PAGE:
Paramedics have responded to 50 calls for hypothermia or frostbite in the past four days as a biting cold mass of air hovers over the province and Arctic outflow winds sweep across the central and southern coasts.
At Christmas, BC Emergency Health Services responded to nine such calls – one in the Fraser Health area, three in Interior Health, two in Northern Health, one in Vancouver Coastal Health and two in Island Health.
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On the second day of Christmas, there were 13 calls – three in both the Northern and Fraser Health areas, five in Interior Health, one in Vancouver Coastal and one in Island Health.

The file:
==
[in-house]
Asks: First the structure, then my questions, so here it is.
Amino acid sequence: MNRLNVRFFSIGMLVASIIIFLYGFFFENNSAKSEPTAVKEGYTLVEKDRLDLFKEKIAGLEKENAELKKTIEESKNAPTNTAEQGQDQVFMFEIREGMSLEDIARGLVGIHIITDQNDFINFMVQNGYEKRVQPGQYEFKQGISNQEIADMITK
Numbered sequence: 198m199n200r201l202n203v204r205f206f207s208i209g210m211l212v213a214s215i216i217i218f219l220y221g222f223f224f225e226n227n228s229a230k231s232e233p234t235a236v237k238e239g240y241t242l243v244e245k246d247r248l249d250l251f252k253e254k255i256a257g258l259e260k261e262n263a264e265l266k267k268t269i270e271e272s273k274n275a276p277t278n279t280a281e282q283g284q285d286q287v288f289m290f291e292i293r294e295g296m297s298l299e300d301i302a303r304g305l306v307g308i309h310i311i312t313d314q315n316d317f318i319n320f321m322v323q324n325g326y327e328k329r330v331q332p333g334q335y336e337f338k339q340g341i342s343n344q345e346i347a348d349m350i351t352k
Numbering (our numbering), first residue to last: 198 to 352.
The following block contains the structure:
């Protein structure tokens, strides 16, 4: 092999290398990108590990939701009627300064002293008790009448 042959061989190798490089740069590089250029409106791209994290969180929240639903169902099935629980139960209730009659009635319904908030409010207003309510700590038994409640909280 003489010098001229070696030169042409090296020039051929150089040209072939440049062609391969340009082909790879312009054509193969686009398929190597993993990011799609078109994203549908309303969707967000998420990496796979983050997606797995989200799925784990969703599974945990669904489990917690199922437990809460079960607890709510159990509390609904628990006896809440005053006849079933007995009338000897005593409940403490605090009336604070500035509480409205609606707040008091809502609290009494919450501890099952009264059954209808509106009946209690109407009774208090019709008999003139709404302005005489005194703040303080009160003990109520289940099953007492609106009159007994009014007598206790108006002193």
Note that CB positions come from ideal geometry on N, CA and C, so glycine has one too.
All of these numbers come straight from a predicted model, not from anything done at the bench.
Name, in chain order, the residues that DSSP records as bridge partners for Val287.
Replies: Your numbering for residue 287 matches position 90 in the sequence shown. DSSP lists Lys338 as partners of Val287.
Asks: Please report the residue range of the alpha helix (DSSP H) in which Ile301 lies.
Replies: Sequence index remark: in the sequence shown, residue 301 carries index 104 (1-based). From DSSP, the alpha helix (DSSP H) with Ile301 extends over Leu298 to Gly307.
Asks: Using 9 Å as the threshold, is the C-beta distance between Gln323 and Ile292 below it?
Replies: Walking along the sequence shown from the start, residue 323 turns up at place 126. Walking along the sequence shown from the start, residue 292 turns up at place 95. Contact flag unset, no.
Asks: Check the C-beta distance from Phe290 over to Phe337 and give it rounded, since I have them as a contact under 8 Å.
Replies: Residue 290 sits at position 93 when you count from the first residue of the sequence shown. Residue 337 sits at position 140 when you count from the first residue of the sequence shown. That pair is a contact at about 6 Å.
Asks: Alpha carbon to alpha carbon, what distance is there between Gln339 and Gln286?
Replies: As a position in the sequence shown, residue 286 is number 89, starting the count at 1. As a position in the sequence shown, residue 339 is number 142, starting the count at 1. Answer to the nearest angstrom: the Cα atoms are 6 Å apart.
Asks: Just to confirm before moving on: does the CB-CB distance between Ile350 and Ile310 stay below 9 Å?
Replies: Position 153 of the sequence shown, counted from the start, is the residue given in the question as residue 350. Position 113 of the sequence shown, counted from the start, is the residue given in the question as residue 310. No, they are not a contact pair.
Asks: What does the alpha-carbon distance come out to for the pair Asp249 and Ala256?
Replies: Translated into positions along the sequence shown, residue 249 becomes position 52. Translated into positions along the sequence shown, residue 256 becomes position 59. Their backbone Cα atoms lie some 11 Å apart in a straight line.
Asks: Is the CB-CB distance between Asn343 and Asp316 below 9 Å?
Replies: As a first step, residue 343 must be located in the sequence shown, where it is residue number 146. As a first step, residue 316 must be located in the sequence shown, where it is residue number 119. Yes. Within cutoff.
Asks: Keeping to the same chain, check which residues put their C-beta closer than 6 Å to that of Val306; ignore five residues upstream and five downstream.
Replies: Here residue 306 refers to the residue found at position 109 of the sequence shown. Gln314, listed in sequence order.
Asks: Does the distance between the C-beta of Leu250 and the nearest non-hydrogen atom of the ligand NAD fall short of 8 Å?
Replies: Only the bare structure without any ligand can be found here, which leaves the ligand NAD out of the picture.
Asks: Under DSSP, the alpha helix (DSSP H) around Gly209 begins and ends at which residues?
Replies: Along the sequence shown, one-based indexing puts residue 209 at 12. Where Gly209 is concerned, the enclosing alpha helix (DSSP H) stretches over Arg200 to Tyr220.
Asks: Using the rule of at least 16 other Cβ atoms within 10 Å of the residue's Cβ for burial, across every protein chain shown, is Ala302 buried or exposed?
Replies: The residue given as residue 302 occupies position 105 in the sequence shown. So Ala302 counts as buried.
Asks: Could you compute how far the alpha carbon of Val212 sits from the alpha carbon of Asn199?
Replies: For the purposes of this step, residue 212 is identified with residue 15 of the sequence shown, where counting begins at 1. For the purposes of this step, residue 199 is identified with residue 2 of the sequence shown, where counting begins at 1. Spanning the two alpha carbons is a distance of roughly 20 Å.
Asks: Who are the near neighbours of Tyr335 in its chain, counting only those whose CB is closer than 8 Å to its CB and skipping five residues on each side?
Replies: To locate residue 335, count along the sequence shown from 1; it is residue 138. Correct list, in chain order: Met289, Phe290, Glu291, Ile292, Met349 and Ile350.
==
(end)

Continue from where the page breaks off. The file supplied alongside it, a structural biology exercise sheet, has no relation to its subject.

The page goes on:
The numbers rose on December 27th. There were six inquiries to Fraser Health, five to Interior Health and three to Vancouver Coastal Health for a total of 14.
On Tuesday, the total number matched with three calls in Fraser and Vancouver Coastal Health areas, five in Interior Health, one in Northern Health and two in Island Health.
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There were only nine calls for hypothermia or frostbite within the same time frame last year, BCEHS confirmed.
For several days, Environment Canada has placed large parts of BC under extreme cold, Arctic outflow and snowfall.
Wind chill values between minus 20 C and minus 50 C have been in the forecast for several parts of the province, and several cities from Vancouver to Bella Bella broke records for the coldest temperatures on a calendar day.
In the four days before the holidays, BCEHS said it responded to 17 exposure calls – eight on December 21, three on December 22, two on December 23 and four on December 24.
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